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    The air leaks out of the bottle. The air leaves the bottle. get out is for people, usually. – Lambie Jan 14 at 19:24
  • @Lambie : Thanks, I didn't know that. I will correct the text – julodnik Jan 15 at 7:25
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Escaparse (Freedictionary.com):

verbo pronominal. 3. salir de un encierro o peligro una persona o animal escaparse del cuartel enemigo

Escapar (Freedictionary.com):

intr.-prnl. Salir de un encierro o peligro.
En general, salir uno de prisa y ocultamente.
No ser advertida o percibida [una cosa].

To me, this is another of those cases where the pronominal version has more oomph. "Escapó" sounds more clinical and dry, like an emotionless news report, to my ear. "Se escapó" brings more emotion to it, more excitement. Depending on the situation, we might feel frightened -- or we might feel relieved, or thrilled. It depends on the situation.

  • Se dice: Jorge, ¡ se escapa el perro !. Pero no se dice: Jorge,¡ el perro escapa ![normalmente y sin más]. Tendría que ser: Jorge, el perro escapa de la casa todos los días. O sea, necesita un COD cuando no es pronominal. ¿ No te parece ? Y "Le escapa la respiración" no va por nada porque la respiración si no fuera, p.ej. un atleta que no controla su respiración. :) – Lambie Jan 15 at 15:41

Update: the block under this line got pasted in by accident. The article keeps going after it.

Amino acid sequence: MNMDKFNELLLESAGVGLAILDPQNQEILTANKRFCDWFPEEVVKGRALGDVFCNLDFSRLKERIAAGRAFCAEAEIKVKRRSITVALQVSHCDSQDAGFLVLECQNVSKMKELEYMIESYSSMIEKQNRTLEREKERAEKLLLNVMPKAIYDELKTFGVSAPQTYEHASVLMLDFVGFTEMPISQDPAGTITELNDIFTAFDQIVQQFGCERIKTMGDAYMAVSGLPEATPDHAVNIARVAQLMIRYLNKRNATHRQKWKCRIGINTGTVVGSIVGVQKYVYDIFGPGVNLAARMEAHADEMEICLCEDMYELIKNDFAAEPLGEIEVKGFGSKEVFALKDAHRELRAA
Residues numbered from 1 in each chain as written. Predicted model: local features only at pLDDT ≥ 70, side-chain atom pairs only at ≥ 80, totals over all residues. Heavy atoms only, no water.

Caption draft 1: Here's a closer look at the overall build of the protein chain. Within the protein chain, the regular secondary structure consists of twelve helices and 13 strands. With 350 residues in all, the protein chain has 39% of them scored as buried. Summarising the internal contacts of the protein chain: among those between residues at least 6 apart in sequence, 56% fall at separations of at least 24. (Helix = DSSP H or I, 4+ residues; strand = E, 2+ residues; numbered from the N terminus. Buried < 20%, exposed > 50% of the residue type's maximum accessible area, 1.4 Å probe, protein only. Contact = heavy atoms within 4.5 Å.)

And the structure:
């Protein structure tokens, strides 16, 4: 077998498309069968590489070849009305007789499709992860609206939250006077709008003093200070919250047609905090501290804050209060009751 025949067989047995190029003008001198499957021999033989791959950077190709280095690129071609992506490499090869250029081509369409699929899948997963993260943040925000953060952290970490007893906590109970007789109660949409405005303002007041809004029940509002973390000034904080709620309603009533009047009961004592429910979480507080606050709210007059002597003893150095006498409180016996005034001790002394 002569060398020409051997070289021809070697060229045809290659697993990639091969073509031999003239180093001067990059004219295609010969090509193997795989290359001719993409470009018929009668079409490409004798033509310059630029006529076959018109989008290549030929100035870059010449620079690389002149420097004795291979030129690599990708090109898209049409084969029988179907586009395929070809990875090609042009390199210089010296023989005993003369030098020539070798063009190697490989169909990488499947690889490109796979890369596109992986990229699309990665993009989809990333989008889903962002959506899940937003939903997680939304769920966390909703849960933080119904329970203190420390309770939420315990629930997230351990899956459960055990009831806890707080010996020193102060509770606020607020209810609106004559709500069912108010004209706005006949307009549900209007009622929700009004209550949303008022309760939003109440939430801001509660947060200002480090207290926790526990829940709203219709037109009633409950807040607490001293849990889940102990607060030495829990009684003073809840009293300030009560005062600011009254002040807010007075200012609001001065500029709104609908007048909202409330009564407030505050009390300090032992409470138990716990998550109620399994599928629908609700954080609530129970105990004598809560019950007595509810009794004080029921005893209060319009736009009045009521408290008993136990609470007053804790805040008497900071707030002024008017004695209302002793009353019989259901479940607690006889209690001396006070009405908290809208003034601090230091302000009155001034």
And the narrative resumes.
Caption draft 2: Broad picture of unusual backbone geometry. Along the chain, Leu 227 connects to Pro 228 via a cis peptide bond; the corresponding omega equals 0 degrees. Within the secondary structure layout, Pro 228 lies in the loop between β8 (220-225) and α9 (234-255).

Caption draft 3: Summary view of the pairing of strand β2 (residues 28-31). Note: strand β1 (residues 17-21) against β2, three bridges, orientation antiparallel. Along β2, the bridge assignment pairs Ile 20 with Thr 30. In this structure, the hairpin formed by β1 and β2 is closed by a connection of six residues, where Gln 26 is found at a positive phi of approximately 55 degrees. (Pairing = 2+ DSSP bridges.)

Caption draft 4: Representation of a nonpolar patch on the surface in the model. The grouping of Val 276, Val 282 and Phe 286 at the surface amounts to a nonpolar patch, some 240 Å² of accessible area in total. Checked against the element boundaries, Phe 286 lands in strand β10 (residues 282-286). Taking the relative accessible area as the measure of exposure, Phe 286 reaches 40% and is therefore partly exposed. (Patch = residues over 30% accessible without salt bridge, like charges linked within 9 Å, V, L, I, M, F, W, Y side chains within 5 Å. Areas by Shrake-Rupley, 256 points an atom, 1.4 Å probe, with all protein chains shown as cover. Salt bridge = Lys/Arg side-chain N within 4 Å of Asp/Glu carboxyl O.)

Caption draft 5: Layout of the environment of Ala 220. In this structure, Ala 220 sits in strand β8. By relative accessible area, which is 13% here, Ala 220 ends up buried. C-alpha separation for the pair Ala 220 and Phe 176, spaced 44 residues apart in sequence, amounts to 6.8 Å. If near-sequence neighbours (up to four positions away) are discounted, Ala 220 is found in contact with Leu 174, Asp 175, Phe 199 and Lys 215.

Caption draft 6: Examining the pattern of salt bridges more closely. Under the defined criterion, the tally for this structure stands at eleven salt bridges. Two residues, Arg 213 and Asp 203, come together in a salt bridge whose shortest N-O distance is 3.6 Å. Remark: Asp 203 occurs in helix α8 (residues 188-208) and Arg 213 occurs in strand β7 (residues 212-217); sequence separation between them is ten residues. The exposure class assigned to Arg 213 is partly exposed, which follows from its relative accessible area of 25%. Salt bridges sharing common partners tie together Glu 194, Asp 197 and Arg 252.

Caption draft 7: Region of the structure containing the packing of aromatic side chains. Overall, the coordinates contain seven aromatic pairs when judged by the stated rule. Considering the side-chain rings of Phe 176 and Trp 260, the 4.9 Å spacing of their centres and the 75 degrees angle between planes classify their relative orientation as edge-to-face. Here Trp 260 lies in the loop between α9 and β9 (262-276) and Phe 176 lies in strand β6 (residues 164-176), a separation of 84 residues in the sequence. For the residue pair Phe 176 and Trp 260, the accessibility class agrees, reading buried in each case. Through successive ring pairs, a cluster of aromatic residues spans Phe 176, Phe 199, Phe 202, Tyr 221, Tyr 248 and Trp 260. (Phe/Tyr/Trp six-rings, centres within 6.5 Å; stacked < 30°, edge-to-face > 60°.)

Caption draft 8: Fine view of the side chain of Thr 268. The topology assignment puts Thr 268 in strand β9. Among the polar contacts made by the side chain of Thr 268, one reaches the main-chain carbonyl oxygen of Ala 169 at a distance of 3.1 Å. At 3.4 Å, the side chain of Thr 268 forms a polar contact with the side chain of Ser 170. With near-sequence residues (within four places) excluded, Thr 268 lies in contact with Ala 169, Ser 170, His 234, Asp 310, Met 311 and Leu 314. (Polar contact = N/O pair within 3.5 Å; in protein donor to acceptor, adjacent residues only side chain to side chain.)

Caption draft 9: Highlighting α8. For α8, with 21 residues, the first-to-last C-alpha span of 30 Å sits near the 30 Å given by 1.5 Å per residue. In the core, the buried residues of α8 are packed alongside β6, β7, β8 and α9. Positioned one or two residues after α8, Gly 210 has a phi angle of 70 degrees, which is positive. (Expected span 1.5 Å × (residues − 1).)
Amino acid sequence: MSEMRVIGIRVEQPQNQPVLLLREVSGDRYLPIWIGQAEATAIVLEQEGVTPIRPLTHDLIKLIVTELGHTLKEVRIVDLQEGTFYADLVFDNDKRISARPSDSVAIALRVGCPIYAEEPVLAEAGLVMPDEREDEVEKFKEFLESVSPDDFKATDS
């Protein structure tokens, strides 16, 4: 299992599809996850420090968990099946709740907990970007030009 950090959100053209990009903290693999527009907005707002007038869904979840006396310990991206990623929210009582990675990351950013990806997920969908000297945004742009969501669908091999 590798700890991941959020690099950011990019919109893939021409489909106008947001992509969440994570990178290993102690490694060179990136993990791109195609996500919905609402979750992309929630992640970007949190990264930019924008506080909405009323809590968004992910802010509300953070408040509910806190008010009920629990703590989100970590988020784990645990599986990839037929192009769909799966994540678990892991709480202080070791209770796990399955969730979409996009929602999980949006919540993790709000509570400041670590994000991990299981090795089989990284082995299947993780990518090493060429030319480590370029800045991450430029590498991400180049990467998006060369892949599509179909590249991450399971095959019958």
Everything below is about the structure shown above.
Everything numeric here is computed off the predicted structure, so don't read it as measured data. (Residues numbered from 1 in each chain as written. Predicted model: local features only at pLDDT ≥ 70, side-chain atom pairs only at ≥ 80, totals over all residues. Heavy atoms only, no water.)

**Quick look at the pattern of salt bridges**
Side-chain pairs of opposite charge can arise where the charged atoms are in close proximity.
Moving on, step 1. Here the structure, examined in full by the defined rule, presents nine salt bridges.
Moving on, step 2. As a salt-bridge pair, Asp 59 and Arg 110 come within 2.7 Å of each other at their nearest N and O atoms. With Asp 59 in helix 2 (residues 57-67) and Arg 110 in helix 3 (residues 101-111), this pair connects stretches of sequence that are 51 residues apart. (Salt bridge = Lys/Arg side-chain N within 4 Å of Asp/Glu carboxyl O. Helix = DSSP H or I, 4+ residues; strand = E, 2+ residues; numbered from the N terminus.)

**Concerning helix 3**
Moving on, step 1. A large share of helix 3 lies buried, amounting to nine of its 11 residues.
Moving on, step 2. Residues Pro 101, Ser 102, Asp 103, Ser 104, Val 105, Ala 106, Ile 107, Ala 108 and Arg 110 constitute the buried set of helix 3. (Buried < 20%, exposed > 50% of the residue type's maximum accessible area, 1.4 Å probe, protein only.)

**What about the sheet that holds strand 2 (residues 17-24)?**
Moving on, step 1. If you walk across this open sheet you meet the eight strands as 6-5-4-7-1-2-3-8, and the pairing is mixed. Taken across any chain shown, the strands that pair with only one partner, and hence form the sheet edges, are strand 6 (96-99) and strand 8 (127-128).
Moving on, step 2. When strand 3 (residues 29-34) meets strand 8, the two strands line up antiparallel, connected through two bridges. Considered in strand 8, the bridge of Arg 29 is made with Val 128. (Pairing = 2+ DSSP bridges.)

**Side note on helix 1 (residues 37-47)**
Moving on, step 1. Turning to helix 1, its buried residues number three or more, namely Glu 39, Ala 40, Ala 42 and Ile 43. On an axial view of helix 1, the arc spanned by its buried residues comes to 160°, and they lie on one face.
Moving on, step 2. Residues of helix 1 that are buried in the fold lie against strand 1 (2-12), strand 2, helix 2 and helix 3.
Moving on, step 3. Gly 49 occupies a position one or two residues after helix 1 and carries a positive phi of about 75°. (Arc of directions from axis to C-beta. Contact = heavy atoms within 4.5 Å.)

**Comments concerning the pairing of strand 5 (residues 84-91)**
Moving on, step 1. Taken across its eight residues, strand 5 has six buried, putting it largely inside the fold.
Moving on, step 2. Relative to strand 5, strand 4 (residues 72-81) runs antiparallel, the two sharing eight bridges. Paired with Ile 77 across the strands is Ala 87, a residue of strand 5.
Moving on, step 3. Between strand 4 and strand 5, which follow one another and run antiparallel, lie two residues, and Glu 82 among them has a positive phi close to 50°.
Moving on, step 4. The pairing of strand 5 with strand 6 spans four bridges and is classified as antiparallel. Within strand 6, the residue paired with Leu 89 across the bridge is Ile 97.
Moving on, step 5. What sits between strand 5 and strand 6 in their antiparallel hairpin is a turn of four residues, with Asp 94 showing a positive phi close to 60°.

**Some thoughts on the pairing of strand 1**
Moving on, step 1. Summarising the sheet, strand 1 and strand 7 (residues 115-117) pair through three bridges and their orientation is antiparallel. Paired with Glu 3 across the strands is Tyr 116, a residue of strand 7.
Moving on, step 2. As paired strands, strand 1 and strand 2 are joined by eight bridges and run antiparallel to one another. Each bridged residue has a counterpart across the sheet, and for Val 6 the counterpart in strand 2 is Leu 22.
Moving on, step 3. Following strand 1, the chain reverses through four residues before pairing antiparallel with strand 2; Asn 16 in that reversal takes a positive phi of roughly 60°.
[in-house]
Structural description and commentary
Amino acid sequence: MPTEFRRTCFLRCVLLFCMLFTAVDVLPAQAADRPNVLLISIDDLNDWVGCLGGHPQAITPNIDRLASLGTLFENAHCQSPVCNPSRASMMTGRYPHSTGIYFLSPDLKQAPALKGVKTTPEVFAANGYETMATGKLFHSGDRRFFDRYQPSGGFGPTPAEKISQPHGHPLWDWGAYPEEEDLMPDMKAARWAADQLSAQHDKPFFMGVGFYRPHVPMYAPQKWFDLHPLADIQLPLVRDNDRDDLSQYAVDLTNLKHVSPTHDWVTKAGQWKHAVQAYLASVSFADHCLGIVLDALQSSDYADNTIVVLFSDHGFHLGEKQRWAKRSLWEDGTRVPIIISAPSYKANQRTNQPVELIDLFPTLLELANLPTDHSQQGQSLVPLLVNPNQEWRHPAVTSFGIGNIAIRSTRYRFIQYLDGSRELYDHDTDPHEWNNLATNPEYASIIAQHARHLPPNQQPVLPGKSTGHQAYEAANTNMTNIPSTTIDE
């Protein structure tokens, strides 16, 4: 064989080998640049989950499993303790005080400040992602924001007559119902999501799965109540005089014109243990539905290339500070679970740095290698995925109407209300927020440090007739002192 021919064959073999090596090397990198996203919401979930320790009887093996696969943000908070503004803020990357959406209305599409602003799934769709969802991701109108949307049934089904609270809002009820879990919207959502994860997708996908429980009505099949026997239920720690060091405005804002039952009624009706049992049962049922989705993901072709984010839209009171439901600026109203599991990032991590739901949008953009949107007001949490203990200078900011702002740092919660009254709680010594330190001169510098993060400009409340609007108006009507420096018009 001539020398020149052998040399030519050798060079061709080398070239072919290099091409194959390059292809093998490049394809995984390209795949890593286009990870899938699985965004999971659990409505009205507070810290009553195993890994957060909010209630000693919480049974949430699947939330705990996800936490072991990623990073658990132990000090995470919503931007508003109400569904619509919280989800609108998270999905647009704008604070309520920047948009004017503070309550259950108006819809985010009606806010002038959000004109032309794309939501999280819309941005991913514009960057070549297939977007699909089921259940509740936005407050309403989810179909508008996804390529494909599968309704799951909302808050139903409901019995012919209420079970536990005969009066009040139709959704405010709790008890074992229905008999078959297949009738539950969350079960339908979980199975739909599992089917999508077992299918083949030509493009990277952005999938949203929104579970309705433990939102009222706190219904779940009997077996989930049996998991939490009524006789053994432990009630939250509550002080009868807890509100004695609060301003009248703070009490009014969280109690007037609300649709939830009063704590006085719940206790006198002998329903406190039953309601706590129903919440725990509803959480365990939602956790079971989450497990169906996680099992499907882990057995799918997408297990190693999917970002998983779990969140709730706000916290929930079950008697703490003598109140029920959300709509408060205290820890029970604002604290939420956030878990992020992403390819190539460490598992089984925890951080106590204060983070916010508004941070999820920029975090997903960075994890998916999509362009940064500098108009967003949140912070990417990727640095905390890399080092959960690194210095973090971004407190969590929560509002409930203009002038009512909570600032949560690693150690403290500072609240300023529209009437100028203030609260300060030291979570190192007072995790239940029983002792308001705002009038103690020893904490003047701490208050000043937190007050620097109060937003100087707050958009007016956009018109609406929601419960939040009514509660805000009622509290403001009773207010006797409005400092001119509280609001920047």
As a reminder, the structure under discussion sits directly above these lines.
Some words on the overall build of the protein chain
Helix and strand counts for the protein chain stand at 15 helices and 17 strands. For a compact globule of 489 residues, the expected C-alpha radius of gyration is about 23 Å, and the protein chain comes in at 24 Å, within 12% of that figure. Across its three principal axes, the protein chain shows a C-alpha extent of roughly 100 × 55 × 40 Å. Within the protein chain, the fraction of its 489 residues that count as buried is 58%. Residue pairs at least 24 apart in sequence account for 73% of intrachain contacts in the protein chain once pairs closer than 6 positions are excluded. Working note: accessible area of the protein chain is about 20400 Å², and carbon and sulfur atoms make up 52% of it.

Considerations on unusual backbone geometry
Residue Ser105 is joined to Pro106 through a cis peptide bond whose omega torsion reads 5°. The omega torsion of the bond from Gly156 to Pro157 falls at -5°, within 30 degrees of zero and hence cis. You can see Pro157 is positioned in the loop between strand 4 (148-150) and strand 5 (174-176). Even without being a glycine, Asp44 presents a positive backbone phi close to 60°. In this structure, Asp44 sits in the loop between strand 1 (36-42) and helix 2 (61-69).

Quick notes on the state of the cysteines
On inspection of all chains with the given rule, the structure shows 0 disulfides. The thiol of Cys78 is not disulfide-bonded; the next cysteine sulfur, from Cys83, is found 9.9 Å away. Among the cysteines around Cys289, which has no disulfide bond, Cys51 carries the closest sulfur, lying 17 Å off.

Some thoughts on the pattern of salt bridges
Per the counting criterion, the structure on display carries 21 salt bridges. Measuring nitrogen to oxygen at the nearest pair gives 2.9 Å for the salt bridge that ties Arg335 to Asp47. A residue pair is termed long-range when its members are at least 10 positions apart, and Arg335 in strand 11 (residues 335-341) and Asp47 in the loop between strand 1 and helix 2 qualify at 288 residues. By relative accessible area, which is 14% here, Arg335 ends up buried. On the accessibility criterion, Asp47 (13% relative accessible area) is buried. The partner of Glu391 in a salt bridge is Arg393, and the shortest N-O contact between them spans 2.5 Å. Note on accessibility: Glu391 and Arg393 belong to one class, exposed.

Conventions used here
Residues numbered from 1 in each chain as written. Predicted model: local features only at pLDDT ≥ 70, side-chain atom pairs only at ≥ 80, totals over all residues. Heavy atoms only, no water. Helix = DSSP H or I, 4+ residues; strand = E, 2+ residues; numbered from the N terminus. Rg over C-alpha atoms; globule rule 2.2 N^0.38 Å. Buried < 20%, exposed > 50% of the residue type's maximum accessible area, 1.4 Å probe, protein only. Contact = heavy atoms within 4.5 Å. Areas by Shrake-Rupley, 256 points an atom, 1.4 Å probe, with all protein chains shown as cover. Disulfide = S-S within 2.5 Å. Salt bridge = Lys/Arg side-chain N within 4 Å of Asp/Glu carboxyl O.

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In your example, "escapar" and "escaparse" are completely different:

¡Señor Gacha, escapa!

This means you are asking him to escape (an order, a command).

¡Señor Gacha, se escapa!

This means that you just saw him escaping and you are alerting everyone.

With other verbs or situations both the verb and its pronominal form mean the same, except that the pronominal one emphasizes. For example:

Voy a comer una manzana

Vs

Voy a comerme una manzana Me voy a comer una manzana

These last two emphasize more that you would like to eat an apple

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    I disagree. The sentence I asked about and which expresses that Gacha is escaping is "Señor, Gacha se escapa!". In "¡Señor Gacha, se escapa!", you are telling Gacha that someone else is escaping. – Alan Evangelista Dec 18 '19 at 15:46
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i answer as a native from argentina.

"Escapar" is the verb in infinitive

Yo me escapo
vos te escapas (we don't use "tu")
el/ella se escapa

nosotros nos escapamos
ellos se escapan
ustedes se escapan>

In the tv show, they use "el señor gacha se escapa"

I hope I've helped you

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    "escapar" can be used without a reflexive pronoun, so I do not understand your answer. Also, the line in the TV series is exactly the one I have mentioned in my question: "Señor, Gacha se escapa". "señor" in that sentence refers to whom the speaker is talking to (the ranking officer in charge of the raid), not Gacha. – Alan Evangelista Jan 14 at 20:44
  • indeed, can be used without a pronoun. I put it as an example. it can be used as this "can be". Use it in infinitive – Denis Hugo Perafan Jan 14 at 21:20